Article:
Useful Notes / Benito Mussolini

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"Fascism is a religion. The twentieth century will be known in history as the century of Fascism."

Benito Amilcare Andrea Mussolini (29 July 1883 — 28 April 1945) was an Italian fascist politician who was leader of Italy from 1922, pretty much up to his death. Unlike his German contemporary Adolf Hitler, he was never in official command of his nation due to King Victor Emmanuel III nominally being Mussolini's boss.

Mussolini first got the idea for fascism when he was a war reporter in the trenches of World War I, following around the soldiers (and later becoming one). And he liked what he saw in the Army: he wanted to create a society organized like a military battalion, a rigid conformist society with no dissenters to undermine patriotic values.

Today, he is most famous for being the first fascist ruler of any country, and for his colonial war against Ethiopia in 1935 (called Abyssinia at the time) which proved the ridiculous incompetence of the League of Nations. He was a close ally of Adolf Hitler and fought on Nazi Germany's side during World War II, although the Italians were more of a hindrance to the Nazis than a helpnote . To be fair, when Hitler wanted Italy to enter the war, Mussolini said what amounted to "can it wait until I've industrialized my country in five years?" (this may have been a random number chosen to delay Italian entry indefinitely... until Germany annexed half the continent with ease, at least). Italy simply wasn't ready for war, and Mussolini knew it.

That all said, there is a real historiographical debate about how much of a Fascist Mussolini really was — as the most notable members of his cabinet consisted of political opportunists rather than die-hard Fascist fanatics — and Mussolini himself seemed to waver a lot when asked how far the Fascist revolution was intended to go. On at least one occasion, he even said that Italy was not ready to be Fascist. In other words, he seemed to believe in Fascism, but was too cynical about Italy and politics in general to believe that a Fascist revolution could take place and thus was content to run a straight-up dictatorship with Fascist dressing, electing to maintain his position rather than upsetting the status quo. Thus, Fascist Italy was not as totalitarian as Nazi Germany or Stalinist Russia — although it was a one-party state with media controlled and opposition banned, people were rarely killed for political reasons. It remained a de jure monarchy and was heavily influenced by the Catholic Church (though ironically Mussolini was virulently anti-theist atheist and held Christianity in contempt over all other religions), with whom the Fascists maintained a complex relationship. During the interwar years, Italy was well known for its aggressive foreign policy: aside from conquering Ethiopia (Abyssinia) and participating in World War II, the Fascists also entered the Spanish Civil War (on the side of Francisco Franco), severely oppressed their colonies in Libya and Somalia, attacked the Greek island of Corfu to force diplomatic concessions, and invaded Albania as a show of power following Hitler's annexation of Czechoslovakia. Although Mussolini ruled for more than 20 years, several parts of Italy barely noticed any change from the previous fifty.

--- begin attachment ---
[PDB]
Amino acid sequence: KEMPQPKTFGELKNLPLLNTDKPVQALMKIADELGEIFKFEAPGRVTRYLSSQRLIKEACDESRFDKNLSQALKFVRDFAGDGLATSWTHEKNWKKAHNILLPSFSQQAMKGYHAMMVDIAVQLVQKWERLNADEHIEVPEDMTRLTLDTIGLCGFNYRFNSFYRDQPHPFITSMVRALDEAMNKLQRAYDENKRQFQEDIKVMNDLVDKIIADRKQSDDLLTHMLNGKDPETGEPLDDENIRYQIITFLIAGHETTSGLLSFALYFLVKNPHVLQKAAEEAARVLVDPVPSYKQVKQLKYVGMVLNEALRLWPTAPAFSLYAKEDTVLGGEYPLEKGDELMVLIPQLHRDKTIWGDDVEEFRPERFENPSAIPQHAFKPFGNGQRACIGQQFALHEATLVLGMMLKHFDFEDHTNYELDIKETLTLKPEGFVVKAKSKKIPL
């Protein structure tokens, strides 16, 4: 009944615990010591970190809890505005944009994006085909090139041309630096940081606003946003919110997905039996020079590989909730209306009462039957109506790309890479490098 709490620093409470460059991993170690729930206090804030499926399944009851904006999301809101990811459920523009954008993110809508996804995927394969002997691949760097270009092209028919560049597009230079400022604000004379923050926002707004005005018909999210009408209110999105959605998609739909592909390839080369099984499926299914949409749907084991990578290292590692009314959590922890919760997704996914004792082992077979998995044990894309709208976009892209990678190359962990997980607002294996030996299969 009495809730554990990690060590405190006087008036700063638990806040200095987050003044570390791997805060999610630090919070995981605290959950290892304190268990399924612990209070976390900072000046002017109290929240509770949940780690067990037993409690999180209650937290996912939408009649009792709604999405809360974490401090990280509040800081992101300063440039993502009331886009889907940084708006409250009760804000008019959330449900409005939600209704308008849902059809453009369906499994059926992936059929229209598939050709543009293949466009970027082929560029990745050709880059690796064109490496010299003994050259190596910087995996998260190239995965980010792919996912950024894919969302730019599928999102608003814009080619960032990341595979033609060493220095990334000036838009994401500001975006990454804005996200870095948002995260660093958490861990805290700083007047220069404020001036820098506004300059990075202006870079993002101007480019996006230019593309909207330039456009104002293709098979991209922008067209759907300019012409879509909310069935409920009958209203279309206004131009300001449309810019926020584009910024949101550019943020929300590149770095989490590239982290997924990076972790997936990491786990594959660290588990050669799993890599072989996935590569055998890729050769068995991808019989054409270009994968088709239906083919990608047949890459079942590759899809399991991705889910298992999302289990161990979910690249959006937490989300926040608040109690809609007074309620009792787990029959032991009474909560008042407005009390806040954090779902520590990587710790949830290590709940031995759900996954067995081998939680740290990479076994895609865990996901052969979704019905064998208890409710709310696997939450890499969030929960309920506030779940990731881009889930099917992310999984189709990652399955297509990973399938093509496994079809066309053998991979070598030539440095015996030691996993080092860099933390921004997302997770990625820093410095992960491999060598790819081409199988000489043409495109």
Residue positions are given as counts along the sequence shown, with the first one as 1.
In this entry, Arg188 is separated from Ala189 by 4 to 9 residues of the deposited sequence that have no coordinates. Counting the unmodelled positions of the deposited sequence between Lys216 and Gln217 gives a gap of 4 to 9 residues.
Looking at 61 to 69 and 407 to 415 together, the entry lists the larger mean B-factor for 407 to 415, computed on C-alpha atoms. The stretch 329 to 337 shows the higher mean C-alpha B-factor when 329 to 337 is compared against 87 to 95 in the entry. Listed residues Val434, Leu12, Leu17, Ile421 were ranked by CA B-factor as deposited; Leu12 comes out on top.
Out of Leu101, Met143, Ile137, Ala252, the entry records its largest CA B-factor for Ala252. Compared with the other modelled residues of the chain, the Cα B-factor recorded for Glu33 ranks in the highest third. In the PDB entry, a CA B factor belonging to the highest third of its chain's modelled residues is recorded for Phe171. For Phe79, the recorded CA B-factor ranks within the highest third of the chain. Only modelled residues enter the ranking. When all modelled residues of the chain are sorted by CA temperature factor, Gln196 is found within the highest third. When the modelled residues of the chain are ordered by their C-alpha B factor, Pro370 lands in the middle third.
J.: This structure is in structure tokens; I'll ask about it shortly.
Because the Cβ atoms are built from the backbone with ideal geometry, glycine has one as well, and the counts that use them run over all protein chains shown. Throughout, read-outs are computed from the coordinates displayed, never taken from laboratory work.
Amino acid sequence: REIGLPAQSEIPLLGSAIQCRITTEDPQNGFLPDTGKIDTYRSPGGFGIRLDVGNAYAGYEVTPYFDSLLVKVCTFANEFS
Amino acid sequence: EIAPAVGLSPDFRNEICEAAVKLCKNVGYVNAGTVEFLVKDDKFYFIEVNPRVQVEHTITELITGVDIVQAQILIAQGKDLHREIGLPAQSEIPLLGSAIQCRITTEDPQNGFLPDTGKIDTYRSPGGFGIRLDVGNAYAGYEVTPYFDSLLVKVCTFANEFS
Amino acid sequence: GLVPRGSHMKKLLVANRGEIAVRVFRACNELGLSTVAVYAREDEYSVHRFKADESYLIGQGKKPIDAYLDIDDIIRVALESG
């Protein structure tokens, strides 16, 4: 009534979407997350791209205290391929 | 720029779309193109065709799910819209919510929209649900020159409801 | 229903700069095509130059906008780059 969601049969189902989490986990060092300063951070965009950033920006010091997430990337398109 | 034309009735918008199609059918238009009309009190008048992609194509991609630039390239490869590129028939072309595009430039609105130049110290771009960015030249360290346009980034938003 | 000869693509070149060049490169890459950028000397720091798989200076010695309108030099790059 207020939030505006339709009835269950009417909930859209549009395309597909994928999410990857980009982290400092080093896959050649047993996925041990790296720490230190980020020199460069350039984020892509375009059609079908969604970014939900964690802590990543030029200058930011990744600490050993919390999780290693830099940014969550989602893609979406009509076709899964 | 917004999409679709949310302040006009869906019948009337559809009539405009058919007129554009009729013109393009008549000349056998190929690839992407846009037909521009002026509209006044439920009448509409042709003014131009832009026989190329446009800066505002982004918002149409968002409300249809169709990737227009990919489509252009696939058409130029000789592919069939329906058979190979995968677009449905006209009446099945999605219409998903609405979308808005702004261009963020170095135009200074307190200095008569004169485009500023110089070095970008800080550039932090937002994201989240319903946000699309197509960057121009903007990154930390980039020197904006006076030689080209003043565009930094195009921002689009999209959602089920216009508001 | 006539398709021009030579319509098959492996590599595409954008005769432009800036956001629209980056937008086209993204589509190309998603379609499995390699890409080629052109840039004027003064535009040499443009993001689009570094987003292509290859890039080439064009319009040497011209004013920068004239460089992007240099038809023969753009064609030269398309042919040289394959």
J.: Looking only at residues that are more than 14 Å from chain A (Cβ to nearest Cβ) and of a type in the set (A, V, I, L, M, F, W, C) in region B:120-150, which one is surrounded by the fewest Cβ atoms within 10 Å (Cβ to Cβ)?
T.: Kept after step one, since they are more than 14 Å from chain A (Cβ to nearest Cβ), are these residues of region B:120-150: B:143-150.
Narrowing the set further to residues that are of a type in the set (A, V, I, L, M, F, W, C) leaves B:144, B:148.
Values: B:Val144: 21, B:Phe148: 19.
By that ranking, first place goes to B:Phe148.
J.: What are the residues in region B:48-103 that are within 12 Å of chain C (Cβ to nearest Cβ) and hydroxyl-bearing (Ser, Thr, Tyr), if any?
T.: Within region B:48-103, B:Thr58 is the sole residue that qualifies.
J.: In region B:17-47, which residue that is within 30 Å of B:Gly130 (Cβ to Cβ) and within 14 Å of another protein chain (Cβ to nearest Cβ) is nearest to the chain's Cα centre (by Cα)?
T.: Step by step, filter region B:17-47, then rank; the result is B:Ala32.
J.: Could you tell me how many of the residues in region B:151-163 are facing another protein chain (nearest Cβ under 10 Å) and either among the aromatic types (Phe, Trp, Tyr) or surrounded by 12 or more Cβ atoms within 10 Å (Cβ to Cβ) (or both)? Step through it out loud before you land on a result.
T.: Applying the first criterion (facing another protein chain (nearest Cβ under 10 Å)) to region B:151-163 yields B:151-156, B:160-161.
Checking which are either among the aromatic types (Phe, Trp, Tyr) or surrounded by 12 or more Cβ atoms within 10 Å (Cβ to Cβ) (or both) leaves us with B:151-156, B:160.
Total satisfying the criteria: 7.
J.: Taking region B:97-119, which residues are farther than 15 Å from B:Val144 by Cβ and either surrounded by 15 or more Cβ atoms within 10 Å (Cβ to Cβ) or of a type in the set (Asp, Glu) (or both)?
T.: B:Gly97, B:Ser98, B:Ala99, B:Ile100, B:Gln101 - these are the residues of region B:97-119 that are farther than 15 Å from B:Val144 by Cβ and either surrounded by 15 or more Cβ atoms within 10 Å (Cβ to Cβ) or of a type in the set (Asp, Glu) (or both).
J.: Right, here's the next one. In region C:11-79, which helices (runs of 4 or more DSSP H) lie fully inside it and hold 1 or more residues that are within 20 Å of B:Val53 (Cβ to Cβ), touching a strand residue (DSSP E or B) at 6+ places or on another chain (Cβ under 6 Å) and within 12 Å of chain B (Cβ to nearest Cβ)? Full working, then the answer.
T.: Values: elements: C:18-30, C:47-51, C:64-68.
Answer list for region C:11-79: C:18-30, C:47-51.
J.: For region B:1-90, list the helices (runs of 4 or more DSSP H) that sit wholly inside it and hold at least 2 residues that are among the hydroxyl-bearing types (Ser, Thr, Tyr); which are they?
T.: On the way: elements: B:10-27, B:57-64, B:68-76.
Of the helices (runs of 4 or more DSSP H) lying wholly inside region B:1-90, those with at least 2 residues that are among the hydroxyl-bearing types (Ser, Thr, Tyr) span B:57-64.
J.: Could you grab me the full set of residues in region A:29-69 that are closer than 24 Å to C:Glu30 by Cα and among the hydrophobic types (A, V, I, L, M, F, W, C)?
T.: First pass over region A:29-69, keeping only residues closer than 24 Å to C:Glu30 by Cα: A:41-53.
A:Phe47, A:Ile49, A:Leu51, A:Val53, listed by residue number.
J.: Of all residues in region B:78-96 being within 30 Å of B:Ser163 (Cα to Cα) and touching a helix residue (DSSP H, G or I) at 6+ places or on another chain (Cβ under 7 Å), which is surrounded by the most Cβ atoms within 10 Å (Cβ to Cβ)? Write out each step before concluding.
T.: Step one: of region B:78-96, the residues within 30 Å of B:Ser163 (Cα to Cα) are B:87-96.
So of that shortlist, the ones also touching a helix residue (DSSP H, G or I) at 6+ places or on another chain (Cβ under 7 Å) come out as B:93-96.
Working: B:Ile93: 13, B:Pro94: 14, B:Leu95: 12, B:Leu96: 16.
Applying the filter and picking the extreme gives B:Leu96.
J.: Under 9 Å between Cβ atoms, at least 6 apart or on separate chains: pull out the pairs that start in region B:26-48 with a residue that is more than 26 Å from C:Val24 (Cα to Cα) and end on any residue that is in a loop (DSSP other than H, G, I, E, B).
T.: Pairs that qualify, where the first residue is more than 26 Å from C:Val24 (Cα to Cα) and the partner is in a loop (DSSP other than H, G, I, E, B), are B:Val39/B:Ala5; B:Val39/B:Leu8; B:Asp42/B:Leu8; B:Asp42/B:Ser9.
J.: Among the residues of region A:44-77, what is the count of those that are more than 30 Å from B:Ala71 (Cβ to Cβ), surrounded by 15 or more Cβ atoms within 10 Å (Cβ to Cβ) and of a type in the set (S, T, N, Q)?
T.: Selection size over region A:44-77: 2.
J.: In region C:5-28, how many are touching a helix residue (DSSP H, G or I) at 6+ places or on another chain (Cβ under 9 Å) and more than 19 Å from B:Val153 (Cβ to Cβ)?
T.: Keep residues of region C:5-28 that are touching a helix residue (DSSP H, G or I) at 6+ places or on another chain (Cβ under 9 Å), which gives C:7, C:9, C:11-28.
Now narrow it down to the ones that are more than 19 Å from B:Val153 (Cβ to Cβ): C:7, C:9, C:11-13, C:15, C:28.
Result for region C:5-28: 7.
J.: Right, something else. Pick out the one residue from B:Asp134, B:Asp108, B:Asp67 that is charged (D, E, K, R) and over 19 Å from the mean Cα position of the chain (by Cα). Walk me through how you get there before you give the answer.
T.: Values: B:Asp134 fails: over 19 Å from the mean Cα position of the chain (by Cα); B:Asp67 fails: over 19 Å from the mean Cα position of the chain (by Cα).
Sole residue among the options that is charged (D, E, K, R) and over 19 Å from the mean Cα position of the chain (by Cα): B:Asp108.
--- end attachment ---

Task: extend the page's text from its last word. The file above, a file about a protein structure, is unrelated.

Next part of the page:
Soon after the British and Americans began their invasion of Italy, Mussolini was deposed by King Victor Emmanuel III following a de facto vote of no confidence in the Grand Council of Fascism on 25 July 1943. In September the Italians joined the Allies and declared war on Germany. The Germans responded by invading Italy and forcing Mussolini, by now wanting to retire, to form a Nazi state called the Italian Social Republic in Northern Italy. He "ruled" there for about 18 months, being little more than a puppet ruler under the protection of his German liberators, something he was ruefully aware of. In April 1945, allied troops were rapidly advancing into northern Italy and the collapse of the Social Republic was imminent. Mussolini, along with his mistress, Clara Petacci, and a small group of high ranking politicians and other leaders from the Social Republic, tried to flee to Switzerland in the confusion, but on 27 April, they were both caught by members of the Italian resistance. The next day, perhaps coincidentally two days before Hitler committed suicide, Mussolini and all of his travel companions were summarily executed; they shot him in the gut first, dragged him and his compatriots' bodies into the nearby city of Milan and then hung them upside-down at a gas station (symbolically an act of revenge as Axis forces had executed many resistance fighters in the very same spot), while crowds of angry Italians would spit and throw things (trash, bricks, other unpleasant things) at the bodies.

Mussolini was afterwards buried in an unmarked grave north of Milan, but even in death the dictator managed to cause a bit of a stir, as his body was stolen during the Easter of 1946 by a group of neo-fascists, which presented itself as quite a concern for the new democratic Italian state. Upon recovering the remains of the body, the Italian government held onto Mussolini's bones for ten years, out of concern for a repeat of the theft, before they finally allowed them to be re-interred in a crypt at Predappio in Romagna, his birthplace.